Inflation, the dominant topic for the European (and global) economy right now, is also having a major impact on Europe’s banking industry. It is running at its strongest pace in several decades, driven by a rebound from the pandemic, supply-chain disruptions and Russia’s war against Ukraine. This has led central banks in many advanced economies to hike interest rates at a speed not seen for a long time, including the ECB. The repercussions for banks are profound, some are visible already, others will follow more gradually over the course of next year.
On one side, net interest income, the biggest revenue component, may receive a boost. Market interest rates have reacted more quickly than central banks’ official policy rates. Hence, already in the first quarter, the 20 major European banks (a proxy for the entire industry) saw a 6% yoy increase in interest income. Lending rates in the euro area have risen further since then, particularly at the longer end and for larger loans. On the retail side, new housing loans with a fixed rate period of 5-10 years were most affected (rates climbed from 1.3% in December to 2% in May), even more than loans with a longer fixation period. Similarly, on the corporate side, where all loan categories with an interest rate fixed for more than 1 year – new business – witnessed an uptick in rates by 0.6-0.7 pp since December. With respect to loan size, rates edged up more for loans with a volume higher than EUR 1 m (from 1.1% to 1.3%) than for smaller amounts.
Finally, both the recent EMU bank lending survey (BLS) and the latest US bank results for the second quarter indicate a further rise in net interest income at European banks. The BLS showed a moderate tightening of credit standards and, particularly for riskier loans, a widening of interest margins in Q2, as well as similar expectations for Q3. The top US banks posted a jump in net interest income compared to the prior year. On a side note: euro-area banks may also benefit from a reversal of negative rates on their large holdings of excess liquidity at the ECB, which may soon add to rather than subtract from interest income.
On the other hand, substantially higher interest rates may dampen economic activity of corporates and households – together with elevated price levels themselves and additional headwinds such as uncertainty about Europe’s energy supply and remaining supply-chain bottlenecks. Europe as well as the US are likely to enter mild recession in the coming months. This may slow the demand for credit, and for corporate finance services. Reduced valuations on equity and bond markets will probably also be detrimental for asset management. On top of that, maybe most importantly, loan loss provisions are expected to climb, even though from low levels.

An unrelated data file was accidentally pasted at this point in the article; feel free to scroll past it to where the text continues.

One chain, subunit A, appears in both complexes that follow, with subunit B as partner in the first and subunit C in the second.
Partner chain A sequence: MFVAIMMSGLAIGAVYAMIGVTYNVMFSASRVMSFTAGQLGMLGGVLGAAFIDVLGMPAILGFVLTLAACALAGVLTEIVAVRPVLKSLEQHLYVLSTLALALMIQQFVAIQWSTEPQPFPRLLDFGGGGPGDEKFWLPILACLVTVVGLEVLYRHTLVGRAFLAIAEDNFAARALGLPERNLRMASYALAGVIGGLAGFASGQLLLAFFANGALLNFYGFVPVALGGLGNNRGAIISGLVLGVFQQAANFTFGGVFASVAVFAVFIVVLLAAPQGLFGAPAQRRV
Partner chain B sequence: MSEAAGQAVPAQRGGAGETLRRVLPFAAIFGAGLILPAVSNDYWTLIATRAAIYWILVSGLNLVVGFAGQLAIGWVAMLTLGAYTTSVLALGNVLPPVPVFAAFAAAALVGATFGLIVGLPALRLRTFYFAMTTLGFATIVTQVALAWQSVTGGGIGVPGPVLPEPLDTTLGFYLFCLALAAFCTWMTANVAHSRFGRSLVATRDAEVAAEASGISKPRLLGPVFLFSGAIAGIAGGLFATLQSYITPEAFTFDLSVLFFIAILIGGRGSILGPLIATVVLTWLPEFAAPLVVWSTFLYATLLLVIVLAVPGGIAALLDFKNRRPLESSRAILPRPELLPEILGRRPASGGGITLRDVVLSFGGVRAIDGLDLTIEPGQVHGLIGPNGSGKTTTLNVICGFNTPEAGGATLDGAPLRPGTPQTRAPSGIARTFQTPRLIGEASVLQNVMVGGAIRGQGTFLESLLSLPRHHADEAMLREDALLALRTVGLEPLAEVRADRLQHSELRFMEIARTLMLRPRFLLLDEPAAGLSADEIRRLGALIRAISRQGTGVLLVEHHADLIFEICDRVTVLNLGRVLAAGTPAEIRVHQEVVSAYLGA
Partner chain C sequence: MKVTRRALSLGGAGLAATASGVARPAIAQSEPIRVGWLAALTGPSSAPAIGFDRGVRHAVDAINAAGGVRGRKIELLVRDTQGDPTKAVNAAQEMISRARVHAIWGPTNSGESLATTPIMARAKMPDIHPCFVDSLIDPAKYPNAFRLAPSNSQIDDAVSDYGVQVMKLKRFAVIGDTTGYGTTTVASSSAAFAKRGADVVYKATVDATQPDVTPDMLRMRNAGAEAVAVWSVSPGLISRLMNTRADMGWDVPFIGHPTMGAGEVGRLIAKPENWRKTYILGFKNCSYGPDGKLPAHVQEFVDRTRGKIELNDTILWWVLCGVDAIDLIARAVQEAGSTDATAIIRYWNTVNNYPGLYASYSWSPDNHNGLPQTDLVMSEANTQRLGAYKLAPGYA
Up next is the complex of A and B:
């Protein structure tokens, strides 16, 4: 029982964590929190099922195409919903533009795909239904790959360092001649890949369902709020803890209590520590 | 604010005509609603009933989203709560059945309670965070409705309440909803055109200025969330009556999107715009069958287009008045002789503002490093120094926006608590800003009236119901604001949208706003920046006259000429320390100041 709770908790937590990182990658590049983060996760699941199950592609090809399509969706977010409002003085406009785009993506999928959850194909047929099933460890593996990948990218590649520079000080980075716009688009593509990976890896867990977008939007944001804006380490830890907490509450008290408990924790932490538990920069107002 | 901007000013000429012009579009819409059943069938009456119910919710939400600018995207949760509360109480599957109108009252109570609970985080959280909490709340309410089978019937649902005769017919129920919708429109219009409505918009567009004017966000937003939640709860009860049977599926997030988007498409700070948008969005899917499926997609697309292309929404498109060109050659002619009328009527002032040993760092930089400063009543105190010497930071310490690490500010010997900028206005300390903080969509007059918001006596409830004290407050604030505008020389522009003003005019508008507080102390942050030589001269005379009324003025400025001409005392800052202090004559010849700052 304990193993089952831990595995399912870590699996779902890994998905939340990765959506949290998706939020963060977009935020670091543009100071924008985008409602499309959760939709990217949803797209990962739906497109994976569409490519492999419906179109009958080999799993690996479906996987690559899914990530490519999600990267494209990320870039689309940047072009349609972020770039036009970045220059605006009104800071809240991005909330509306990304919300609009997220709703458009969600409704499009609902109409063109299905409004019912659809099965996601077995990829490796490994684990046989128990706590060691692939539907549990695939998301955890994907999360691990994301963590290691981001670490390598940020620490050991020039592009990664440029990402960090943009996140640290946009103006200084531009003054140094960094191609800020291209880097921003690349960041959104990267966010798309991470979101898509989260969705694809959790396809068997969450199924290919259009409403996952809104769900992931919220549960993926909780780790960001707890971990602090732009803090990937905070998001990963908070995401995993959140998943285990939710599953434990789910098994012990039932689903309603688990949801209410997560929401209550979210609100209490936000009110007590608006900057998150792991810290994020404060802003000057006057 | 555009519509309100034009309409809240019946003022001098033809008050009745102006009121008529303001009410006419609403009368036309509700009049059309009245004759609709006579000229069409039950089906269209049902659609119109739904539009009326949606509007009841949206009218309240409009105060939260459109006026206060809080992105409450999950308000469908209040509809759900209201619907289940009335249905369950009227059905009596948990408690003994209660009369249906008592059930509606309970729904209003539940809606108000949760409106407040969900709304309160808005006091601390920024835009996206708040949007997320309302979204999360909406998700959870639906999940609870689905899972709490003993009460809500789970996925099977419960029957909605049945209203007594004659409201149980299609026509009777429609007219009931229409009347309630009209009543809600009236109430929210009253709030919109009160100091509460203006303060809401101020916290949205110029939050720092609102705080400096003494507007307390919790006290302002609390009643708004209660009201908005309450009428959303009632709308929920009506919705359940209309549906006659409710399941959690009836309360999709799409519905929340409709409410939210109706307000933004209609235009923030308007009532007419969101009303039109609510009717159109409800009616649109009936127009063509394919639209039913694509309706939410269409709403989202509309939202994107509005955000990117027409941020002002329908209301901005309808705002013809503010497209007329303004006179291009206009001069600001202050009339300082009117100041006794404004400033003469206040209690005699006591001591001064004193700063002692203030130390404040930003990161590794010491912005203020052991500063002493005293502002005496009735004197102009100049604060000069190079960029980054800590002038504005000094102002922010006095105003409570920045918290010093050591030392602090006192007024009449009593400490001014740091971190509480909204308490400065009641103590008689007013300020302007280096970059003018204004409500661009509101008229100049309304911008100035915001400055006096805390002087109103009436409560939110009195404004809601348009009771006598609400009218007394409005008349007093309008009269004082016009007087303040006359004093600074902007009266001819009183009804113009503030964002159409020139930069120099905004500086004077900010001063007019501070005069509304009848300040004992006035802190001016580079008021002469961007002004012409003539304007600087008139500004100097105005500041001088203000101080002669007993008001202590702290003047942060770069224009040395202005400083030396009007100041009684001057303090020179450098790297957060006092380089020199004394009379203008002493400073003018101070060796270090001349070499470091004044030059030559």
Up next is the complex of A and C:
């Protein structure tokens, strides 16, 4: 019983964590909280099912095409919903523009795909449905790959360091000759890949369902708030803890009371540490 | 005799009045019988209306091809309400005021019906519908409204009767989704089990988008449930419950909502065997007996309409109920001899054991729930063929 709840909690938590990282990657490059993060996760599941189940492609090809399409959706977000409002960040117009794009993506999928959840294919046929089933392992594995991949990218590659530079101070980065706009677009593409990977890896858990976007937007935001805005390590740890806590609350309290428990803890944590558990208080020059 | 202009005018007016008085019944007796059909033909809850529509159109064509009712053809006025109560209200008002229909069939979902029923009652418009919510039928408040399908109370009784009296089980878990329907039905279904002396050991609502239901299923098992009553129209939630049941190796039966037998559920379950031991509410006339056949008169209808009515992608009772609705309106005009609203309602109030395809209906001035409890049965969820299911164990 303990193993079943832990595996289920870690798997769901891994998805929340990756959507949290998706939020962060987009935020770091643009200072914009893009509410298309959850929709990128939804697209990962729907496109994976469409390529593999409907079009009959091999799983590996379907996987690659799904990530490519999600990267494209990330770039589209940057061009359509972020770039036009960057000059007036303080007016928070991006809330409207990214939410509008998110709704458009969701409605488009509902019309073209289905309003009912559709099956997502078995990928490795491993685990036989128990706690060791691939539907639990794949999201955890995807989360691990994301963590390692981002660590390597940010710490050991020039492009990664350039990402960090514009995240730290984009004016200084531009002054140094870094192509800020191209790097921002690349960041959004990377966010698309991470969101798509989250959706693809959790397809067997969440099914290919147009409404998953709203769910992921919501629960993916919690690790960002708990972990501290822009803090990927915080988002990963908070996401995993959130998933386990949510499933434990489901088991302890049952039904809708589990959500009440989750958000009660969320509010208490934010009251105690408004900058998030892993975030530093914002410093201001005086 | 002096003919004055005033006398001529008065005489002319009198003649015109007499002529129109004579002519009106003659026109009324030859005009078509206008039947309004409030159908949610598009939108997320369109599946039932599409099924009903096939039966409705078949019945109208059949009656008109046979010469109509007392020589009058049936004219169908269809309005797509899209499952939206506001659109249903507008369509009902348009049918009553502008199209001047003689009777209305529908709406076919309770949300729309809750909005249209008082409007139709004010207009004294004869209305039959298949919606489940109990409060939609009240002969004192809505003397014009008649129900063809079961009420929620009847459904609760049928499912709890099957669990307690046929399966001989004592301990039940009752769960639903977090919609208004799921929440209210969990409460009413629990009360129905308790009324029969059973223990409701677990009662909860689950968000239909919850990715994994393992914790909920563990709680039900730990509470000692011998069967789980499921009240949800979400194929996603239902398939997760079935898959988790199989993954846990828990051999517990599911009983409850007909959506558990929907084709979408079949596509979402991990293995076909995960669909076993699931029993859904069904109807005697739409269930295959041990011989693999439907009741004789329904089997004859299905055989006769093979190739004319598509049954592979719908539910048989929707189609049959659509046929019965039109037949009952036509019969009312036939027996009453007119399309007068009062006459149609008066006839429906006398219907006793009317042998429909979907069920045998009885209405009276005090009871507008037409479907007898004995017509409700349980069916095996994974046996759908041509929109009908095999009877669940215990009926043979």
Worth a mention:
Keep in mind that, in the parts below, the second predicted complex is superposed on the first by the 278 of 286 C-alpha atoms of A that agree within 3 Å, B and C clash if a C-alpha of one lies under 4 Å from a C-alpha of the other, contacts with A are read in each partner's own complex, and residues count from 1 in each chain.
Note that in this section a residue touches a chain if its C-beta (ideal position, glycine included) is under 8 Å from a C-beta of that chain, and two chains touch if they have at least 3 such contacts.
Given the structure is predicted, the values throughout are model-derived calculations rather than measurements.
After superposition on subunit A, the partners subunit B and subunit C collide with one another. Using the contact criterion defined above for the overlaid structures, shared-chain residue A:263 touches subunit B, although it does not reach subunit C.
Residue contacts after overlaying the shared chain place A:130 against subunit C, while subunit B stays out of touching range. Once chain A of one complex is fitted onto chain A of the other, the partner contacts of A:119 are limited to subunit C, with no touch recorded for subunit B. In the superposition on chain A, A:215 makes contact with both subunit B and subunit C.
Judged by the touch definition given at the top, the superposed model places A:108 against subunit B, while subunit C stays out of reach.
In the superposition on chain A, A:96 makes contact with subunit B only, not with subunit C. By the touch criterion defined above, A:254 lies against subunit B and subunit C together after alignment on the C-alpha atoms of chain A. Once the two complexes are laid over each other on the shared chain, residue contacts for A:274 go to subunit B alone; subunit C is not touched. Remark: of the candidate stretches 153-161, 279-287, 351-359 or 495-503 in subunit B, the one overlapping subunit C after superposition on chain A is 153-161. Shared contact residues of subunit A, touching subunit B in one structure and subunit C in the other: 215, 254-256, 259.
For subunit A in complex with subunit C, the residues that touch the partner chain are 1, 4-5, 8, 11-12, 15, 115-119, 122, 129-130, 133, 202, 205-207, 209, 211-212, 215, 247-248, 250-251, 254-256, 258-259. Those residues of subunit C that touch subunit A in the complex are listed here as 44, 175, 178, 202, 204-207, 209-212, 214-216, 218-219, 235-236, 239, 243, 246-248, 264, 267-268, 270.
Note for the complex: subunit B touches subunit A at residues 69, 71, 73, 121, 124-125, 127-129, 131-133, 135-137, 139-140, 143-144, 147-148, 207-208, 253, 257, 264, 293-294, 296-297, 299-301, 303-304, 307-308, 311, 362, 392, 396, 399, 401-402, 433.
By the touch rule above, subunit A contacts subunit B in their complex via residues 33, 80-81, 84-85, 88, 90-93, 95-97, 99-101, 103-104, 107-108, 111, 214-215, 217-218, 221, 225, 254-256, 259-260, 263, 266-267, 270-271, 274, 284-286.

To what extent these risks materialise, will only become clear step by step. The starting point for Europe’s banking sector is relatively encouraging. In the first quarter, total revenues were up 4% yoy, driven by the higher net interest income. Fees and commissions remained flat and trading income decreased slightly (-3%). Loan loss provisions on aggregate even fell by 11% but this was due to an outlier at a single institution last year which now dropped out of the statistics. Provisions were moderately higher at the majority of banks. Growth in operating expenses (i.e., cost inflation) accelerated to 7% yoy, outpacing the expansion in revenues. Still, a lot of that is beyond banks’ reach – it is the consequence of booming bank levies and resolution fees whose burden keeps on getting heavier.
Bottom line, together with a normalisation of a one-off effect at a Spanish bank last year, this led to a 19% drop in net income – however, from an elevated level. 2021 had been the best year for the industry since the financial crisis. In addition, with a single exception, all banks stayed profitable in Q1. On an underlying basis, the cost-income ratio and the post-tax return on equity both remained almost unchanged (unweighted averages), at 61% and 8%, respectively.
While banks’ liquidity position continued to be comfortable, with an essentially stable liquidity coverage ratio (LCR) of 165%, capital levels came somewhat under pressure. The CET1 ratio fell by 0.4 pp yoy to 13.9%, because of several factors:
i) Business growth, regulatory changes and rating migration, i.e. the impact of the Russia-Ukraine war all pushed up risk-weighted assets (+4%).
ii) Following two years of restraint regarding shareholder returns, banks continued with large dividend and share buyback programmes, confident in their ability to generate sufficient capital organically.
The leverage ratio stayed constant though, at 4.8%.
On the balance sheet, the higher interest rates have yet to feed through. So far, corporate loan growth in the EMU accelerated in the past few months to 5.1% yoy in May. Partly, this may be due to firms’ increased liquidity holdings in light of rising input costs and macroeconomic uncertainty, partly it may be typical of the start of a new monetary tightening cycle as companies seek to lock in low rates. Similarly, household lending continued on its upward trajectory (+4.7%, the strongest figure in a decade). Mortgages were the main driver, although instalment loans have picked up too, recently. According to the BLS, banks expect private-sector demand for credit to decline in Q3, especially for mortgages (almost 50% of EMU banks forecast a reduction) and to a smaller degree from corporates. Nevertheless, this may still be the first time in the past 20 years or so in which the banking sector is not suffering on all fronts but is also benefiting from some upside regarding revenues thanks to rising rates, and where capital and liquidity levels are robust enough to make any major hiccups unlikely.